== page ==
Property Bond, How Posted
Sec. 11. Property bond, how posted. – A property bond is an undertaking constituted as lien on the real property given as security for the amount of the bail. Within ten (10) days after the approval of the bond, the accused shall cause the annotation of the lien on the certificate of title on file with the Registry of Deeds if the land is registered, or if unregistered, in the Registration Book on the space provided therefore, in the Registry of Deeds for the province or city where the land lies, and on the corresponding tax declaration in the office of the provincial, city and municipal
Within the same period, the accused shall submit to the court his compliance and his failure to do so shall be sufficient cause for the cancellation of the property bond and his re-arrest and detention.
Sec. 12. Qualifications of sureties in property bond. – The qualifications of sureties in a property bond shall be as follows:
(a) Each must be a resident owner of real estate within the Philippines;
(b) Where there is only one surety, his real estate must be worth at least the amount of undertaking;
(c) If there are two or more sureties, each may justify in an amount less than that expressed in the undertaking but the aggregate of the justified sums must be equivalent to the whole amount of the bail demanded.
In all cases, every surety must be worth the amount specified in his own undertaking over and above all just debts, obligations and properties exempt from execution.
Sec. 13. Justification of sureties. – Every surety shall justify by affidavit taken before the judge that he possesses the qualification prescribed in the preceding section. He shall describe the property given as security, stating the nature of his title, its encumbrances, the number and amount of other bails entered into by him and still undischarged, and his other liabilities. The court may examine the sureties upon oath concerning their sufficiency in such manner as it may deem proper. No bail shall be approved unless the surety is qualified.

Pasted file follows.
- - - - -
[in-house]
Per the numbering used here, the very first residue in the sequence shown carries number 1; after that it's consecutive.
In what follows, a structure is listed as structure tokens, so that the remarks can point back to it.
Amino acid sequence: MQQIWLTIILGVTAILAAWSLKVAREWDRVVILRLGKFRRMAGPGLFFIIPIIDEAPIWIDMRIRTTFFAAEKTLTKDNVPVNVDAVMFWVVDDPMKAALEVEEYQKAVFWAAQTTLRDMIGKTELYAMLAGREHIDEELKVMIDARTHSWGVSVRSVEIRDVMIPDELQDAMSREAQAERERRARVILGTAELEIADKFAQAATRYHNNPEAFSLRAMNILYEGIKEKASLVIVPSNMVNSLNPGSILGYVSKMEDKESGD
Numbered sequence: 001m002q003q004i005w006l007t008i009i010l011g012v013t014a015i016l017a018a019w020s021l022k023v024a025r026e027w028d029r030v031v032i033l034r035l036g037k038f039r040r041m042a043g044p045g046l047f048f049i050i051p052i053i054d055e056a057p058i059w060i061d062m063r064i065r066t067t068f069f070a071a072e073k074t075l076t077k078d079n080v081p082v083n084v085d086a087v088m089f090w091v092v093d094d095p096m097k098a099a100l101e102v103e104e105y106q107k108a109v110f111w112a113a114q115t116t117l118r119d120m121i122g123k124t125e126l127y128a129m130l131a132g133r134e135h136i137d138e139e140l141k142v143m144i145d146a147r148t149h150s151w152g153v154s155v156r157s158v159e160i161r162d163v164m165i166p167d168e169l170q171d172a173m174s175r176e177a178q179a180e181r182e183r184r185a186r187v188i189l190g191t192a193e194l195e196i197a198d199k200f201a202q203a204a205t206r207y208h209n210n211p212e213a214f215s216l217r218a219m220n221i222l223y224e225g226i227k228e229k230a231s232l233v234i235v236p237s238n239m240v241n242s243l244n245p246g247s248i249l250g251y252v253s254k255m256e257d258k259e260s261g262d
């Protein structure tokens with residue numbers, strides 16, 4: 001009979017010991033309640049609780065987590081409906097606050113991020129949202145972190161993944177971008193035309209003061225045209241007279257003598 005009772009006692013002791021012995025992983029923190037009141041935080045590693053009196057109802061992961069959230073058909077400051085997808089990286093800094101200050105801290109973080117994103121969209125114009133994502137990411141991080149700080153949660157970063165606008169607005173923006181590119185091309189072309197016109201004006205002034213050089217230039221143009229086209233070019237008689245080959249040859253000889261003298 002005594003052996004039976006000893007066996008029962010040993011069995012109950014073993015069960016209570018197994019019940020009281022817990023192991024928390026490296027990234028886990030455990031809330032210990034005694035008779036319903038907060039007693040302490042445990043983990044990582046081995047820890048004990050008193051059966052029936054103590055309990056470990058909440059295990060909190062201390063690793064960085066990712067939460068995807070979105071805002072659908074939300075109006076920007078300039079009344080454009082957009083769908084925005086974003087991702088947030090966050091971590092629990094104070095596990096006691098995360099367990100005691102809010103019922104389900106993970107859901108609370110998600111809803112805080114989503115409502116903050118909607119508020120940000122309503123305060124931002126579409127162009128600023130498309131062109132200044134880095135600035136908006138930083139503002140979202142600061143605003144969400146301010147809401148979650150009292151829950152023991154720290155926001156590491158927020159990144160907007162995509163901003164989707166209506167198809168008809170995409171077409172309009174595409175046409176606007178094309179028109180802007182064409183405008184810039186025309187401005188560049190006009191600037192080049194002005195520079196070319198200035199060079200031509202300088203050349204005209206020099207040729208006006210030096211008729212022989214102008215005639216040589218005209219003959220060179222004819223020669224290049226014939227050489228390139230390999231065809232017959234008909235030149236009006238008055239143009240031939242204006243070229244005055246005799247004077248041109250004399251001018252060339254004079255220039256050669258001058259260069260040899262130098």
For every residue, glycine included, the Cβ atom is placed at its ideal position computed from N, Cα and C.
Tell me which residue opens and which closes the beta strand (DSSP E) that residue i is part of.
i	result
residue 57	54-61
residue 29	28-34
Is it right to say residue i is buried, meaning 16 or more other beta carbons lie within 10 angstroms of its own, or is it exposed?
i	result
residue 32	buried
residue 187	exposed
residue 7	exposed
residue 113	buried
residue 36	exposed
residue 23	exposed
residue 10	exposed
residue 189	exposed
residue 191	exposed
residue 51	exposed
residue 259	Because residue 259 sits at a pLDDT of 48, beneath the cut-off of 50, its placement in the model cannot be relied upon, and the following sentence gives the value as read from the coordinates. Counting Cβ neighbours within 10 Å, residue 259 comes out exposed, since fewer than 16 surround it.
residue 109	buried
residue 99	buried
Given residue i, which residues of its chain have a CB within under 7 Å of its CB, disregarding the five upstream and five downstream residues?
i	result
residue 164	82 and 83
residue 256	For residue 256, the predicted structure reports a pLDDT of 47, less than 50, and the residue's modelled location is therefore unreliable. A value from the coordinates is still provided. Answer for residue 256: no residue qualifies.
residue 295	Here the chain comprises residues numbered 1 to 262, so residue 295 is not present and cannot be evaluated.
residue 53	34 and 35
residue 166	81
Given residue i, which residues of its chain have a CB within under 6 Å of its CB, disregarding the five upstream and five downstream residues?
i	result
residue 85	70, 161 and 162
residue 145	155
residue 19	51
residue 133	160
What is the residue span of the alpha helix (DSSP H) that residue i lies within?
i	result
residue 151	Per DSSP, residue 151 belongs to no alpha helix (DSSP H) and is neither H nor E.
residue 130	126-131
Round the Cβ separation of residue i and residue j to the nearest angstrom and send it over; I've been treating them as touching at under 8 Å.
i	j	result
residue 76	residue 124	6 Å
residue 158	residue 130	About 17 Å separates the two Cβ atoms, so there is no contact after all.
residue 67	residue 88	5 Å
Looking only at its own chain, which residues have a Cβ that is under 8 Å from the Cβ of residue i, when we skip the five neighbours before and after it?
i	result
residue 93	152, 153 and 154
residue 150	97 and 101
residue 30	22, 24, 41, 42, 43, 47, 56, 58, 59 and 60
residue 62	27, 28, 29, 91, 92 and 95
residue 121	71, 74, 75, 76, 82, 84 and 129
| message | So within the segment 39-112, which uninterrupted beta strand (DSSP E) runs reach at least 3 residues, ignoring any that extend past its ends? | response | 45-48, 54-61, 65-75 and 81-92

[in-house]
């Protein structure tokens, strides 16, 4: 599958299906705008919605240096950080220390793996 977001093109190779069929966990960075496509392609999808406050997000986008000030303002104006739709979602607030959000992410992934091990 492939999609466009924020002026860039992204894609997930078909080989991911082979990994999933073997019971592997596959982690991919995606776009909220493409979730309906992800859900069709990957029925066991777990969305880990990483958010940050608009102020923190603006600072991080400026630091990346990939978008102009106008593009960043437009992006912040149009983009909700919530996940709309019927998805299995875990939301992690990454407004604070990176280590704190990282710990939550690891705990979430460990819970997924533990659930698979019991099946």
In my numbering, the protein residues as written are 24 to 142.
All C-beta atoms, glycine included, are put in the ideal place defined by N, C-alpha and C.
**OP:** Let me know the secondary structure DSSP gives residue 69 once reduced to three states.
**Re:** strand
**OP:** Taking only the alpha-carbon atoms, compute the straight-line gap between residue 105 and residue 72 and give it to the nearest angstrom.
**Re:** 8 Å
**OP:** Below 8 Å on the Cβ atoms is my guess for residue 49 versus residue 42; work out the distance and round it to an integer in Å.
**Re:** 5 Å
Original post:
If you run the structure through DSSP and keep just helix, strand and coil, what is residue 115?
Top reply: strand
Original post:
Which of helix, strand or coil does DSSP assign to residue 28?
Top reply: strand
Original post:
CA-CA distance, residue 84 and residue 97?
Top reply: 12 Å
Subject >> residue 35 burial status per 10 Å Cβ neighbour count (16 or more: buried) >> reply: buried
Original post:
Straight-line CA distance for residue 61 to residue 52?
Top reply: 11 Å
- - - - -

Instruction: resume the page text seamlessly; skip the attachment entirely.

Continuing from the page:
WHAT ARE THE MINIMUM REQUIREMENTS FOR SURETIES?
> Surety must be a resident owner of real estate within the Philippines
> If there is only one surety, his real estate must be worth the amount of the undertaking
> If there are two or more sureties, the aggregate of the sums must be equivalent to the whole amount of the bail demanded, and every surety must be worth the amount specified in his own undertaking over and above all just debts, obligations, and properties exempt from execution
MAY THE COURT ADDITIONALLY REQUIRE THAT THE SURETY BE A RESIDENT OF THE PHILIPPINES BUT OF THE PROVINCE?
> Yes, the provision which requires that the sureties must be a resident householder or freeholder within the Philippines is but a minimum requirement
> And where this requirement would not prejudice the petitioner, the judge has the power to add such requirement